Landlocked country in South America, bounded northeast by Brazil, south by Argentina, and northwest by Bolivia.
Government Paraguay has a multiparty system, with a presidential political executive. The 1992 constitution provides for a president, who is head of state and government, and a two-chamber legislature, the National Congress (Congreso Nacional), consisting of a senate and chamber of deputies, both elected by universal suffrage for a five-year term. The president, popularly elected by simple plurality for a non-renewable five-year term, appoints and leads the cabinet, which is called the Council of Ministers.
The Senate has 45 members, elected by proportional representation from a single national constituency, and the Chamber has 80 members, elected by proportional representation from departmental constituencies.
History The Guaraní Indians had a settled agricultural civilization before the arrival of Europeans: Sebastian Cabot 1526–30, followed by Spanish colonists, who founded the city of Asunción in 1537. From about 1600 until 1767, when they were expelled, Jesuit missionaries administered much of the country. It became a province subordinate to the Spanish viceroyalty of Peru, then from 1776 part of the viceroyalty of Buenos Aires.
Independence In 1811 Paraguay declared its independence. The first president was J G R Francia (ruled 1816–40), a despot; he was followed by his nephew C A López and in 1862 by his son F S López, who involved Paraguay in a war with Brazil, Argentina, and Uruguay. Paraguay was invaded and López killed at Aquidabán in 1870. When the war was finally over, the population consisted mainly of women and children. Recovery was slow, with many revolutions. Continuing disputes with Bolivia over the frontier in the torrid Chaco zone of the north flared up into war 1932–35; arbitration by the USA and five South American republics reached a peace settlement in 1938.
Military governments Since 1940 Paraguay has been mostly under the control of military governments led by strong, autocratic leaders. Gen Morínigo was president 1940–48 and Gen Alfredo Stroessner 1954–89. Stroessner ruled with the support of the military and the Asociación Nacional Republicana/Partido Colorado (ANR; National Republican Alliance/Colorado Party), which was the only political party permitted between 1947 and 1962. Stroessner imposed a state of emergency soon after becoming president, suspending constitutional freedoms, and this continued throughout his period of rule. A firm anti-communist, he aligned Paraguay with the USA, offering to send troops to support the USA in Vietnam.
During the 1977–80 US presidency of Jimmy Carter the Stroessner regime came under strong criticism for its violation of human rights. Stroessner maintained his supremacy by ensuring that the armed forces and business community shared in the spoils of office (and in corruption) and by preventing opposition groups from coalescing into a credible challenge. Around a third of state spending went on the military and police, but Stroessner also promoted development of the country's infrastructure. This allowed the country to enjoy one of the highest rates of economic growth in Latin America in the 1970s. The biggest project was building the world's largest hydroelectric power plant at Itaipu, which opened in 1984.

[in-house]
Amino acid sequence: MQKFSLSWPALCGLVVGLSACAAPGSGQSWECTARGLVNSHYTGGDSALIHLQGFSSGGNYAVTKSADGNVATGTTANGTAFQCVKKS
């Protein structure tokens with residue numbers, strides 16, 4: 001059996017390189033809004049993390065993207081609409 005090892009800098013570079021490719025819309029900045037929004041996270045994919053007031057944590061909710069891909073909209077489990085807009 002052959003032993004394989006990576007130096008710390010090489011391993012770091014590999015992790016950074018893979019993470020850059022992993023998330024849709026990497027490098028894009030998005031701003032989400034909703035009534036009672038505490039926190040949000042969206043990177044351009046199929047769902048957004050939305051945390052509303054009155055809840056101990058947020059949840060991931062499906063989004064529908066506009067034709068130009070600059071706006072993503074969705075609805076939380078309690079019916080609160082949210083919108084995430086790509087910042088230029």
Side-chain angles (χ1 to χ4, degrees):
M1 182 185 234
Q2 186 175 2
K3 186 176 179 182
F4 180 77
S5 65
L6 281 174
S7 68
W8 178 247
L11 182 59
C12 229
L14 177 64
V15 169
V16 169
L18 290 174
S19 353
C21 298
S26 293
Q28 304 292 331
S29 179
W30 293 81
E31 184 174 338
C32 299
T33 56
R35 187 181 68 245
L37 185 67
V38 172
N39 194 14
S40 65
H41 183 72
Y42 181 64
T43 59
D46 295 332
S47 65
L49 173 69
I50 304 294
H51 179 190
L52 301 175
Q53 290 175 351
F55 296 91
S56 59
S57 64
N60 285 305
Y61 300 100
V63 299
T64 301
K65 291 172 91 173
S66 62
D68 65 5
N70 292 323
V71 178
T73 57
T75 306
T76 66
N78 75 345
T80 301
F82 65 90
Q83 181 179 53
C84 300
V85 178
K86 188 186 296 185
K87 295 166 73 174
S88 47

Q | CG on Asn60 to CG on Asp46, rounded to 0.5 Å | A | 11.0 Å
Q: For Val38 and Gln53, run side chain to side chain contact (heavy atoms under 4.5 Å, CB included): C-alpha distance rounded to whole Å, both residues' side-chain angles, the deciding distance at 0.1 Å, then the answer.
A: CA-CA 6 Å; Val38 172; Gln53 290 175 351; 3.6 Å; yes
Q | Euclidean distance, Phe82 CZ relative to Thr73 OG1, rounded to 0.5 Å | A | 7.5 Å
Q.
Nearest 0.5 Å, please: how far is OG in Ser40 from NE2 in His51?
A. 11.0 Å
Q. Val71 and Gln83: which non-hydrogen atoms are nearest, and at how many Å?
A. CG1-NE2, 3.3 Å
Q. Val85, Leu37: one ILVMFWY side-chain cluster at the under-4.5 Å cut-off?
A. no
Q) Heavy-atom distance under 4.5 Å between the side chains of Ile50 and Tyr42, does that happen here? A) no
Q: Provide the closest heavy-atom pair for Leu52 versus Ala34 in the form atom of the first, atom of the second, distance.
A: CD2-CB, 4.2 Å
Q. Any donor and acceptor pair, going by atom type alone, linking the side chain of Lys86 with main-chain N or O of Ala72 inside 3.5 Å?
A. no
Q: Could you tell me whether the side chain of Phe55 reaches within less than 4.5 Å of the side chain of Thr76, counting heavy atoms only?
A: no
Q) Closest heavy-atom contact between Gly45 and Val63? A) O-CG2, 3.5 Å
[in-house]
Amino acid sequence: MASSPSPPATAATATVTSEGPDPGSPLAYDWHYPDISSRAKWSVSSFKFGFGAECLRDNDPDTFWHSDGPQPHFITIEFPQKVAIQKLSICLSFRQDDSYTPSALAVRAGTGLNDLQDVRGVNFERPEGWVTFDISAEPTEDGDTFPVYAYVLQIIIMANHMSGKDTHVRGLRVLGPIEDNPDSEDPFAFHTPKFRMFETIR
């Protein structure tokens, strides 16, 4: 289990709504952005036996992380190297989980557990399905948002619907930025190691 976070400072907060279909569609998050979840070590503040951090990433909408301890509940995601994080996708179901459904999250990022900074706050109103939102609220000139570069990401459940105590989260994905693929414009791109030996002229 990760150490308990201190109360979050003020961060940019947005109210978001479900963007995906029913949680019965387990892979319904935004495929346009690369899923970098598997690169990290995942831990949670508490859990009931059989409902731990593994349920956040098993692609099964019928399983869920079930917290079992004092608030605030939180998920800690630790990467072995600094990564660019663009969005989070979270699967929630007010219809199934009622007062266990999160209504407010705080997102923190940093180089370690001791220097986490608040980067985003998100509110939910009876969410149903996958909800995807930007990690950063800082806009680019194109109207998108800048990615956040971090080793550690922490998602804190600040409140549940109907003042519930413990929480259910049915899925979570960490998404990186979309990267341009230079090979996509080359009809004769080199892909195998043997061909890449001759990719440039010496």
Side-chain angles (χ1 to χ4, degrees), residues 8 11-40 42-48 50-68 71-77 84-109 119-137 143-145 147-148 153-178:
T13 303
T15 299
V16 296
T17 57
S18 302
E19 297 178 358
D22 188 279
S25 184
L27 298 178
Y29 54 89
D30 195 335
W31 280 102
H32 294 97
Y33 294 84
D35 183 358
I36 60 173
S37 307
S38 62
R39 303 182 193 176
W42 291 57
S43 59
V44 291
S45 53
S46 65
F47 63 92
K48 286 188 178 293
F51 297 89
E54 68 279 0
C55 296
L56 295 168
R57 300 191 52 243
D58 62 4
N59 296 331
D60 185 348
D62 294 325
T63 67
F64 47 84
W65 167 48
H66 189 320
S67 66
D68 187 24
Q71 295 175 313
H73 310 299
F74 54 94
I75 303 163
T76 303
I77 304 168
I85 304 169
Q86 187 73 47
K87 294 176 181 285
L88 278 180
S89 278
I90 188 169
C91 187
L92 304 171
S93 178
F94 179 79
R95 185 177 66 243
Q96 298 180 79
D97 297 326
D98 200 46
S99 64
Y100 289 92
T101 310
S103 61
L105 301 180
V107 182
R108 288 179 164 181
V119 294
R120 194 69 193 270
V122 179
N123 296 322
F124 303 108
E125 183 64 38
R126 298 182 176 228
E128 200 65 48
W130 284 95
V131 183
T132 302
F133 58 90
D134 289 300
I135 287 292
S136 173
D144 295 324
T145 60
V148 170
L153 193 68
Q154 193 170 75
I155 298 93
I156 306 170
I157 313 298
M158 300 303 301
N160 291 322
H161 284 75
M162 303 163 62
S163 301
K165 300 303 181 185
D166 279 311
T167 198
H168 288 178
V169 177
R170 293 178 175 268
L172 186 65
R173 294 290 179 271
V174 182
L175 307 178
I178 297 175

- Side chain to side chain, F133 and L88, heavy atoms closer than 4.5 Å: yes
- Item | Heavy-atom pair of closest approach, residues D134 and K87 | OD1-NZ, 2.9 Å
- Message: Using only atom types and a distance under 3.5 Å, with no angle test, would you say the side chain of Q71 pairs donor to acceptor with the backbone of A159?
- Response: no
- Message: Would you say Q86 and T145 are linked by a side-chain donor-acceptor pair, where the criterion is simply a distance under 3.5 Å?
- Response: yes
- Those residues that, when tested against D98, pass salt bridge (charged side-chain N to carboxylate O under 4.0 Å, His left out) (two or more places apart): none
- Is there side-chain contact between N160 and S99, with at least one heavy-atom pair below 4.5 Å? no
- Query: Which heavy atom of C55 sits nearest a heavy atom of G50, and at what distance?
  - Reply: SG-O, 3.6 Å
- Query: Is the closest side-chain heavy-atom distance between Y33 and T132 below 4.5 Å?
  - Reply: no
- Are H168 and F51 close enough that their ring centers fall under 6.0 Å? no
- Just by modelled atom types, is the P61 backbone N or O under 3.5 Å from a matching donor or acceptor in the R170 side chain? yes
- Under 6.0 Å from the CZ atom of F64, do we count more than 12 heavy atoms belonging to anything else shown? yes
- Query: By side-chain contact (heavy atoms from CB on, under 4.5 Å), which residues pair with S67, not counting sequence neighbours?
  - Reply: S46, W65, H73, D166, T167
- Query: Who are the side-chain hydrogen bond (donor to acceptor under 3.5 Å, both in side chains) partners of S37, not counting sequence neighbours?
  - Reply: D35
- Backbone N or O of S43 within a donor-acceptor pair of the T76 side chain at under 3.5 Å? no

Ousting of Stroessner In the later 1980s, under the leadership of Domingo Laino, the opposition Partido Liberal Radical Auténtico (PLRA; Authentic Radical Liberal Party) organized demonstrations against the Stroessner regime and encouraged people to abstain from voting in the 1988 presidential election. This did not prevent Stroessner from winning a landslide victory and eighth consecutive term, with 89% of the vote, but the opposition claimed that turnout was below 50% in some areas.
The army responded in February 1989, under the leadership of by Gen Andrés Rodríguez, a close friend and colleague, by ousting Stroessner, who fled the country to live the rest of his life in exile in Brazil. Rodríguez was elected president in May 1989 and the Colorado Party also kept its control over congress.
Democratic elections In 1991 the opposition made gains in local elections and Rodríguez responded by introducing political and economic reforms to create a more genuine multiparty democracy. A new constitution came into force in 1992. The Colorado Party won the first multiparty elections in May 1993, and in August 1993 its candidate, Juan Carlos Wasmosy, became the country's first freely elected president. International observers assessed the elections to be free and fair.
In April 1996 the country faced a political crisis when Wasmosy sought to dismiss army chief Lino Oviedo, who refused to go and threatened a coup. With popular support, and backing from the USA and Organization of American States, Wasmosy stood his ground and prevailed in what was an important test for democracy.